Suriname Independence Day is every year on November 25. The country may be one of the smallest in South America, but it is also one of the most ethnically diverse. It’s also pristine, filled with nature, and among three of the only carbon-negative countries on the planet. The world has plenty of lessons to learn from Suriname. Still, the path there was no bed of roses. Suriname Independence Day is a tribute to a tiny country with a tremendous heart. A day to commemorate a nation’s healing and phenomenal progress.
History of Suriname Independence Day
Spanish, French, and English explorers first landed in Suriname in the 16th century. A hundred years later, its fertile land and rivers became home to plantation colonies established by Dutch and English settlers. Territorial disputes arose during the Second Anglo-Dutch War in 1667, and a peace treaty ensured the Dutch kept Suriname. In return, the English governed New Netherland, a former Dutch colony in North America. In 1683, the city of Amsterdam founded the Society of Suriname to rule and defend the territory. The lucrative coffee, sugar cane, cocoa, and cotton plantations in Suriname depended on the hard labor of enslaved people from Africa. Plantation owners’ treatment of workers was notoriously harsh — savage and unforgiving even by the standards of the time.
In 1863, the Netherlands officially abolished slavery in Suriname, although true freedom was a long way away. Plantation owners exploited a ten-year transition period to get as much work out of their workers as possible for minimal pay. When this period expired in 1873, formerly enslaved people abandoned the plantations and moved to the capital city, Paramaribo. After W.W.I.I., Suriname became a constituent country of the Kingdom of the Netherlands. The Netherlands regained control of Suriname’s foreign affairs and defense. But the local government had other plans. The Creole members of the National Party of Suriname (N.P.S.) started negotiations to push for complete independence. Their efforts did not go in vain, and on November 25, 1975, Suriname became free. Henck Arron, then-leader of the N.P.S., became the country’s first Prime Minister, while Johan Ferrier, former governor, was the first President.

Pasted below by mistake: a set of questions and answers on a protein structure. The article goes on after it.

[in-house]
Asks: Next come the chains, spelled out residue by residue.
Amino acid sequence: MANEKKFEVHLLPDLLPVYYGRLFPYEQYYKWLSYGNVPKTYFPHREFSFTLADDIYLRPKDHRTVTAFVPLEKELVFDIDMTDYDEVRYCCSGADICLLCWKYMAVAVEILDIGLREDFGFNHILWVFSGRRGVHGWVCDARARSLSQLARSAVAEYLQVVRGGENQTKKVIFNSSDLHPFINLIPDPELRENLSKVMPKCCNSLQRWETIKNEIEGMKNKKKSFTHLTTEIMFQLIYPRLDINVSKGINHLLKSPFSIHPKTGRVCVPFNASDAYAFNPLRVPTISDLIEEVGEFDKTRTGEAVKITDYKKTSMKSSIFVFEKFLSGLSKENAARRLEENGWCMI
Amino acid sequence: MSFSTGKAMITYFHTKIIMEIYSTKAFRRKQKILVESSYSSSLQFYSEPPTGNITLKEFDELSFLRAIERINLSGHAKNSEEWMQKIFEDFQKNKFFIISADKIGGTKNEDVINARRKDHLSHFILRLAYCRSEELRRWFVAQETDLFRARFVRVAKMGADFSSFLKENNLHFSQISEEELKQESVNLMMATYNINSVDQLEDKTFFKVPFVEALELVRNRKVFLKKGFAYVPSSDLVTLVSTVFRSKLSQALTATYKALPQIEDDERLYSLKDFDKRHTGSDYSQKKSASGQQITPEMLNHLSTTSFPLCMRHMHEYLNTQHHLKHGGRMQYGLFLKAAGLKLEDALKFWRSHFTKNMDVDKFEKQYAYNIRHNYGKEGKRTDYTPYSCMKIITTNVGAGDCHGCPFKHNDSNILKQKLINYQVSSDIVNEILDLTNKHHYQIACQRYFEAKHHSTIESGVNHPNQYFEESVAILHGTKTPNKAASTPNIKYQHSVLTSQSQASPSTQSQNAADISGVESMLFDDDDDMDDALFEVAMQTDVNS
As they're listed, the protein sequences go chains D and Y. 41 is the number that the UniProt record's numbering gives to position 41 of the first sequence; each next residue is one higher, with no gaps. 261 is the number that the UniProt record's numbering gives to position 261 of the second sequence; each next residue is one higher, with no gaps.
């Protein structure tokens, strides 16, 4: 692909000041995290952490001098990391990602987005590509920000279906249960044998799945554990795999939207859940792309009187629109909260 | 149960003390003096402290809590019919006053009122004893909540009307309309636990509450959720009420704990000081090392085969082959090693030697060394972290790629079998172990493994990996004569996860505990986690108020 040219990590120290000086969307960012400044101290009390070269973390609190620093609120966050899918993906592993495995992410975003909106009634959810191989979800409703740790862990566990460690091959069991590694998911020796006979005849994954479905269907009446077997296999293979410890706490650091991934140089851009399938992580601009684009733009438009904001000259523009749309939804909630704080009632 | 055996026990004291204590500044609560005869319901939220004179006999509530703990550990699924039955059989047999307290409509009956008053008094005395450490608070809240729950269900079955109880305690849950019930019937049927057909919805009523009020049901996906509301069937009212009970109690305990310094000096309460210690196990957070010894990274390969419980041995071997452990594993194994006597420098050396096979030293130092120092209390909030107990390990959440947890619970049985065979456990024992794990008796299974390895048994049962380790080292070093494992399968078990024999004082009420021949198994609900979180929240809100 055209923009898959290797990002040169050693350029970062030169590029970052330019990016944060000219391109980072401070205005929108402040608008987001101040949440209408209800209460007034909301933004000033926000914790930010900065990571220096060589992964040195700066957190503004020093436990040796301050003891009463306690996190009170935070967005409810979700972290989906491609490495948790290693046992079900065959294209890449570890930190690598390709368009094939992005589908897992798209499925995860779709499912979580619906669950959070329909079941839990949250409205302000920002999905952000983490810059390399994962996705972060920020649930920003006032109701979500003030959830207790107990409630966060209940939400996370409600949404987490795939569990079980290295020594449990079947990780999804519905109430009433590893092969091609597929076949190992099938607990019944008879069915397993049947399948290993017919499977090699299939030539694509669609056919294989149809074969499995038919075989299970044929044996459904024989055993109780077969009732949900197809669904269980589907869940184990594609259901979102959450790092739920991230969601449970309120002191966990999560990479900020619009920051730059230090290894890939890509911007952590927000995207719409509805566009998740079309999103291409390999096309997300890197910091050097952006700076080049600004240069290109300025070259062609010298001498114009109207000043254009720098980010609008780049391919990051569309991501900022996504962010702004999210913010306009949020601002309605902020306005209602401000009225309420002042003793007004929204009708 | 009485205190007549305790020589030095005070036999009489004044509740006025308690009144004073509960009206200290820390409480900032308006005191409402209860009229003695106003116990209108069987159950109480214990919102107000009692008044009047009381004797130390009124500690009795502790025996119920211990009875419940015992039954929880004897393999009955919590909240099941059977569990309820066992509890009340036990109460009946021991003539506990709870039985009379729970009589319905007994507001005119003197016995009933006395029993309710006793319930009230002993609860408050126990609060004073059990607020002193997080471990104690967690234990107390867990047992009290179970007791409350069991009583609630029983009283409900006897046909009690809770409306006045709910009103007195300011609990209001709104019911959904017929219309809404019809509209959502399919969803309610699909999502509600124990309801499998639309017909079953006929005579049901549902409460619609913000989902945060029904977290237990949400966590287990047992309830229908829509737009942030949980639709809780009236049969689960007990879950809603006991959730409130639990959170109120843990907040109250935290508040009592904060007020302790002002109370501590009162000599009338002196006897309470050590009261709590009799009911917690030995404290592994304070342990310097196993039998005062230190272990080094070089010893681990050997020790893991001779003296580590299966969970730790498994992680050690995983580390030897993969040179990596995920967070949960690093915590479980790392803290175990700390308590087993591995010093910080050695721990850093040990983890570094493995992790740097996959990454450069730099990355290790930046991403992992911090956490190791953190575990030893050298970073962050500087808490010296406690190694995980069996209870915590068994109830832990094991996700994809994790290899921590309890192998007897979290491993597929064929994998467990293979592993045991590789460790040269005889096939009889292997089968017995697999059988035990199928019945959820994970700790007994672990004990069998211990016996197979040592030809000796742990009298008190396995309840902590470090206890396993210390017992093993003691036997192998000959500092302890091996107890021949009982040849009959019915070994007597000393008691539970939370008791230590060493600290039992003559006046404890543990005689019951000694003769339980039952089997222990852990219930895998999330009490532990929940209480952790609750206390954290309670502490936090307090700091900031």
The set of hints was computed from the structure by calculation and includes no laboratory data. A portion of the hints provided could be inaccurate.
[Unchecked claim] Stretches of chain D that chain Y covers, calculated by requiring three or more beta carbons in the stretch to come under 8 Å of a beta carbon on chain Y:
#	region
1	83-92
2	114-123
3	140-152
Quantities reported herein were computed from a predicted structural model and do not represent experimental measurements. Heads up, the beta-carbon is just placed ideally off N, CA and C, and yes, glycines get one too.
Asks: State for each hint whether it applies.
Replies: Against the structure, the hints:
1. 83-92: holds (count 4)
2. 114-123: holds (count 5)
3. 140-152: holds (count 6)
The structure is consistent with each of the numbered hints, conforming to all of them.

Suriname Independence Day timeline
The nomadic Arawak tribe first inhabits the area, subsisting on fishing and hunting.
Spanish, Dutch, English, and French explorers arrive in Suriname.
The Dutch bring enslaved people from Africa to work in coffee, cocoa, cotton, and sugarcane plantations.
The road to emancipation begins.
The local N.P.S. party negotiates and secures independence for the people of Suriname.
Suriname Independence Day FAQs
When did Suriname change its name?
The country was formerly known as Dutch Guiana and later Surinam. In January 1978, the official spelling changed from Surinam to Suriname.
Why does Suriname speak Dutch?
Suriname’s capital city, Paramaribo, became a Dutch colony in the 17th century. Dutch remains the official language of the country to this day.
What does the word ‘Suriname’ mean?
‘Suriname’ comes from ‘Surinen,’ after the name of the indigenous people who inhabited the region at the time of European contact.
Suriname Independence Day Activities
Talk about Suriname
Suriname is a leader in sustainable development and indigenous wisdom. More people should know about this incredible nation.
Join the party
Air shows, parades, and festivals abound on this day. When in Suriname, attend the festivities and celebrate like the locals.
Celebrate the freedom to be
Do something you’ve always dreamt of today — just because you can. Perhaps you can finally start that new project or say what you want to say to someone special.
5 Facts About The Caribbean That Will Blow Your Mind
The shortest runway
The Juancho E. Yrausquin Airport (S.A.B.) is 1,312 feet.
Jamaica has many Christians
With a population of 64% Christians, the country has more churches per square mile than any other country.
The smallest shared landmass
At 33.5 square miles, the island of St. Maarten belongs both to France and the Kingdom of the Netherlands.
Home to the Boiling Lake
The Boiling Lake, located 2,600 feet above sea level on Dominica, is a flooded fumarole seething with volcanic activity.
Unusual G.P.S. navigation
“Head south until the butter melts, then turn right” was once established as a sailing rule to reach the West Indies from England.
Why We Love Suriname Independence Day
The spotlight is on Suriname
Suriname is one of the lesser-known gems of the Caribbean. Today, this incredible carbon-negative country gets some much-deserved attention.
It upholds the ideals of freedom
Suriname Independence Day honors the lives and achievements of thousands who fought for independence. A reminder to never take our freedoms for granted.
It’s a celebration
Today, the world celebrates Suriname. It is a fantastic opportunity to learn about and immerse ourselves in the country’s incredible culture.
Suriname Independence Day dates